This document provides notes on upgrading to supported releases of Ubuntu from previous releases.
Sequential upgrade from an older version of Ubuntu (recommended)
Ubuntu can be upgraded between installed versions without a reinstall. This is done one of two ways: by downloading newer versions of your installed software from the Internet using the Update Manager application, or by using the alternate install CDs of the upgrade version, which contain newer packages of core software.
The advantages of this method are that it minimises the risk of package incompatibilities and breakages, as all steps in the upgrade procedure are supported. It is also quicker than a reinstall if doing only one or two upgrades. The disadvantages are that more than one or two upgrades is time consuming and require either several different install CDs or a large amount of data to be downloaded.
Upgrades using this method are documented at UpgradeNotes.
Clean Install Upgrade (not recommended)
If your /home directory is contained on a separate hard-disk partition you should be able to upgrade by performing a clean install of the current release of Ubuntu and 'adopting' the old /home directory.
Back-up any important data before following this procedure as data loss is possible, and very well may be likely.
- Obtain an installation CD for the release of Ubuntu you wish to install, and boot from it.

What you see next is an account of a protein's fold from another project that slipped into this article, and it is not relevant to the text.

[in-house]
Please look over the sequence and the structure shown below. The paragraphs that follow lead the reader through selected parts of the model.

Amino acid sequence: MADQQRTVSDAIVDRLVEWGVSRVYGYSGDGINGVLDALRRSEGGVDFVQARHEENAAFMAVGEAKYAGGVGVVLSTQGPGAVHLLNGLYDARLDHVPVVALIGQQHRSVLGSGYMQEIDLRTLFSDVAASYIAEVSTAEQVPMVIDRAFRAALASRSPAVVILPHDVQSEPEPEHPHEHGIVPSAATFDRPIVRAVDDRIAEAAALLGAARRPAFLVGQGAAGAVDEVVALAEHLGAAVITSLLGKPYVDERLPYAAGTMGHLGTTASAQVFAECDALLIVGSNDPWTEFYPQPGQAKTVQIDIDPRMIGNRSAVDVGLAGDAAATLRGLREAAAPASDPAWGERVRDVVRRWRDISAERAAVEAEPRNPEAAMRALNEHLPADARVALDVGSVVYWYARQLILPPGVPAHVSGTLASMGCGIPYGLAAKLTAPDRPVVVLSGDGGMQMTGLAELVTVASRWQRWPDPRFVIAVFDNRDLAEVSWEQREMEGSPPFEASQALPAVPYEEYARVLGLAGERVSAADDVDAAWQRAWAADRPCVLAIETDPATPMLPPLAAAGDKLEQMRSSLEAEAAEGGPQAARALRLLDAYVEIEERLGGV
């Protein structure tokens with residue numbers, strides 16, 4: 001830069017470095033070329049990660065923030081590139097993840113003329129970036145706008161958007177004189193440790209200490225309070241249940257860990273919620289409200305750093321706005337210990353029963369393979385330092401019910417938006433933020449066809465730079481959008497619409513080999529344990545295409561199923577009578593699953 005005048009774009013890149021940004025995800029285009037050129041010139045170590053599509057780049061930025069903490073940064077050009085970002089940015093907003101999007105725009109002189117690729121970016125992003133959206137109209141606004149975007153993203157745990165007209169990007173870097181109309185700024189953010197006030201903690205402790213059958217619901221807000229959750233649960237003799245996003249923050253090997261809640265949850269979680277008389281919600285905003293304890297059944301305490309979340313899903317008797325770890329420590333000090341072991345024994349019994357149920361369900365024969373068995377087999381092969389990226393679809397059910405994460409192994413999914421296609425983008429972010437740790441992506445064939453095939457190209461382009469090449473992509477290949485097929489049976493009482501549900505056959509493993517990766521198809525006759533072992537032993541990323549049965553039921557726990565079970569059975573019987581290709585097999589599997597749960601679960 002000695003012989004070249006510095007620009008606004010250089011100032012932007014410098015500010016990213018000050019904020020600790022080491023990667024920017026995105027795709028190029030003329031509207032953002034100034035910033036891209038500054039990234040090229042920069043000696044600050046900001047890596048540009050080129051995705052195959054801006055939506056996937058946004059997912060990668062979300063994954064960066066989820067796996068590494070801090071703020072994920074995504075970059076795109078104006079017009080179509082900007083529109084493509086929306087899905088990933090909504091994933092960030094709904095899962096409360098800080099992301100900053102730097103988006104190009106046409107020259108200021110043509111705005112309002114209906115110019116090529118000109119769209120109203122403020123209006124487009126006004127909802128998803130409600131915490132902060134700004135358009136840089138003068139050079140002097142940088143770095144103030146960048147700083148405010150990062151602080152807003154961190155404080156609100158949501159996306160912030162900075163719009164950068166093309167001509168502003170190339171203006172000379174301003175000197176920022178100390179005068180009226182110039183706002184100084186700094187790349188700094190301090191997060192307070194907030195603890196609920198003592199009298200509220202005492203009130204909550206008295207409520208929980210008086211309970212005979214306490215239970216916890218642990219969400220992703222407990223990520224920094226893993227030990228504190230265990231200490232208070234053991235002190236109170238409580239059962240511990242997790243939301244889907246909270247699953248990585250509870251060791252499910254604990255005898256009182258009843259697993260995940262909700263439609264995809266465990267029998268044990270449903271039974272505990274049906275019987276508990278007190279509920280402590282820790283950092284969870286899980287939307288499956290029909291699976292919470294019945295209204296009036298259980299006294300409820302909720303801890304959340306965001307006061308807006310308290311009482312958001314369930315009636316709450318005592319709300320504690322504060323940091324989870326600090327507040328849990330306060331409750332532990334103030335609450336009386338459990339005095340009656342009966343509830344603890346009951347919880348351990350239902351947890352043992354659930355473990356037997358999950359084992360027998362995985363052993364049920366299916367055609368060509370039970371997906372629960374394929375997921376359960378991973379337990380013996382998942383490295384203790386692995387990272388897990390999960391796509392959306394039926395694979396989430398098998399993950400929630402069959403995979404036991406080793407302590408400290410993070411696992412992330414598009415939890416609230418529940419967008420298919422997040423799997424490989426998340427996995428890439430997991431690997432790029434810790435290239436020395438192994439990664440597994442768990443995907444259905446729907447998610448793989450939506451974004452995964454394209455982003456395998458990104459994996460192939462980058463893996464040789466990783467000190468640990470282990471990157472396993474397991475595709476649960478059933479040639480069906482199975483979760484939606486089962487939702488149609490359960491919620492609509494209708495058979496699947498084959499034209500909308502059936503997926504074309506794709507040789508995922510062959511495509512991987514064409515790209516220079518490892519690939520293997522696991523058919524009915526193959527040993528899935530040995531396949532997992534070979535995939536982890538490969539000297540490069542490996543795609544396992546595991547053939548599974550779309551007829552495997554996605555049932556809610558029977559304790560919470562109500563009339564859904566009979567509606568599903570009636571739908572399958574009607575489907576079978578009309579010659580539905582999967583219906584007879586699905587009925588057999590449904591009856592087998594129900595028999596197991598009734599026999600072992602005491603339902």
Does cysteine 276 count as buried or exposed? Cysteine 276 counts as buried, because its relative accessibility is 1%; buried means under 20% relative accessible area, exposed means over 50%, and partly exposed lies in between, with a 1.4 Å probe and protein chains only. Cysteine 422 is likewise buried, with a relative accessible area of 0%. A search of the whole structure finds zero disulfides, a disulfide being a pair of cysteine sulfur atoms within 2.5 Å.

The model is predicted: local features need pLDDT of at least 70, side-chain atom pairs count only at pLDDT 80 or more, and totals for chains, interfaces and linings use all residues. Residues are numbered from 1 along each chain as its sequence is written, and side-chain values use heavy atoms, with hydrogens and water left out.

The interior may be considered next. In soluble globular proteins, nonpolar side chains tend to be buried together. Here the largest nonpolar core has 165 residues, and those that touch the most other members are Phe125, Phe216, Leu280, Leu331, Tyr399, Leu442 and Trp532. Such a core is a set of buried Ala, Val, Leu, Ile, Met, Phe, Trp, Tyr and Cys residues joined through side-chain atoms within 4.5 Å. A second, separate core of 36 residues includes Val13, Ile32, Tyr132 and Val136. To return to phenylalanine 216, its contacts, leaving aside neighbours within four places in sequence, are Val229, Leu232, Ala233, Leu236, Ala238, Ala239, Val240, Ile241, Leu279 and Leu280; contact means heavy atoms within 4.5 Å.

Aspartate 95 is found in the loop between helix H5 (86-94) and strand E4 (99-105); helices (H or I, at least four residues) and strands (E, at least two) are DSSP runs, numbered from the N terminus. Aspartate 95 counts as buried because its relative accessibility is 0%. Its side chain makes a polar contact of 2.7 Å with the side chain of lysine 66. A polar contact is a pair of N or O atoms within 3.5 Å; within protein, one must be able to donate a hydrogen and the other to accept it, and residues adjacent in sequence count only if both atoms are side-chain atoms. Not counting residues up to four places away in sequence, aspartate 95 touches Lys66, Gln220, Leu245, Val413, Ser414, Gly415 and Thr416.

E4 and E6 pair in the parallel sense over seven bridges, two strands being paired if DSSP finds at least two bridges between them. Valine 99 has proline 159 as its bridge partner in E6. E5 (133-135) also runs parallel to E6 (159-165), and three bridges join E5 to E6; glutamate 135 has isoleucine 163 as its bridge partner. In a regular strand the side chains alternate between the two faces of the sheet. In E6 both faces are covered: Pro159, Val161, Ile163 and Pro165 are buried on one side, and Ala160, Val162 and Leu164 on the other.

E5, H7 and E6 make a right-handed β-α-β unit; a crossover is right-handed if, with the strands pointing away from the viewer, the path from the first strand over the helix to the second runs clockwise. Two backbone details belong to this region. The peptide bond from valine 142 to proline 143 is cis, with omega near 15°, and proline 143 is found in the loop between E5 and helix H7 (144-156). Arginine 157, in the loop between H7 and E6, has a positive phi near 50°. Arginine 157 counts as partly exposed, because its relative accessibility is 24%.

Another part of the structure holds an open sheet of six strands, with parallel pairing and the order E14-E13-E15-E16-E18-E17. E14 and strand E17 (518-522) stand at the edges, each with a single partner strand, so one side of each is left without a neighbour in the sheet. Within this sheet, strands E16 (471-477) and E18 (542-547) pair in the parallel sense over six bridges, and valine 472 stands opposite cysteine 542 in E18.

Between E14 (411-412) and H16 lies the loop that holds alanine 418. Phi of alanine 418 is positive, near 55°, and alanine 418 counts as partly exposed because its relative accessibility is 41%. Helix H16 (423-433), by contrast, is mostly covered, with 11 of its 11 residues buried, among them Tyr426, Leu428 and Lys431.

Start the installation process. When you reach the Prepare disk space stage of installation, choose the Manual option and press Forward.
Identify your current '/' (root) partition. Select '/' as the mount point and ensure that Format is ticked. You will lose all data on this partition and the new version of Ubuntu will be installed there instead.
- Identify your swap partition and set its mount point as 'swap'.
Identify your /home partition. Set its mount point as '/home' and make sure that Format is not ticked.
Continue installation as normal until you reach the Who are you? stage, enter a username and password which exactly match your current username and password.
- Complete the installation as normal.
Once the installation has completed, you should be able to log in to Ubuntu and your /home partition with all of your documents and settings should be intact.
Some panel applets may be unable to start correctly after the upgrade (i.e. the Tomboy applet). It is best to remove these applets if prompted, and then add them again by right-clicking the panel and selecting Add to Panel...
- You may be unable to log in in some circumstances, and may receive a message about being automatically logged out. This seems to be due to GNOME being unable to read an old secret/encrypted file, and also being unable to create a new one. If this happens, use the following instructions as a guide. You may have to perform additional actions besides those listed below:
Press Ctrl + Alt + F2 (or F3, or F4 etc.) to drop to a Terminal.
- Log-in with your administration account (the username and password specified during installation).
Type the following commands, pressing Return after each line and replacing 'username' with your username:
rm .gnome2_private sudo mv $HOME /home/old_account sudo mkdir /home/username exit
Press Ctrl + Alt + F6 (or F3, or F4 etc.) to get back to a graphical login screen, and then log in.
- Hopefully, you should have been able to log in successfully. Now, go to /home/old_account and copy your data back in to your new Home directory.
You may have to change the permissions of the files after copying them. You can use the chmod command to do this, with the '-R' switch to apply permissions recursively (that is, to all files in a directory).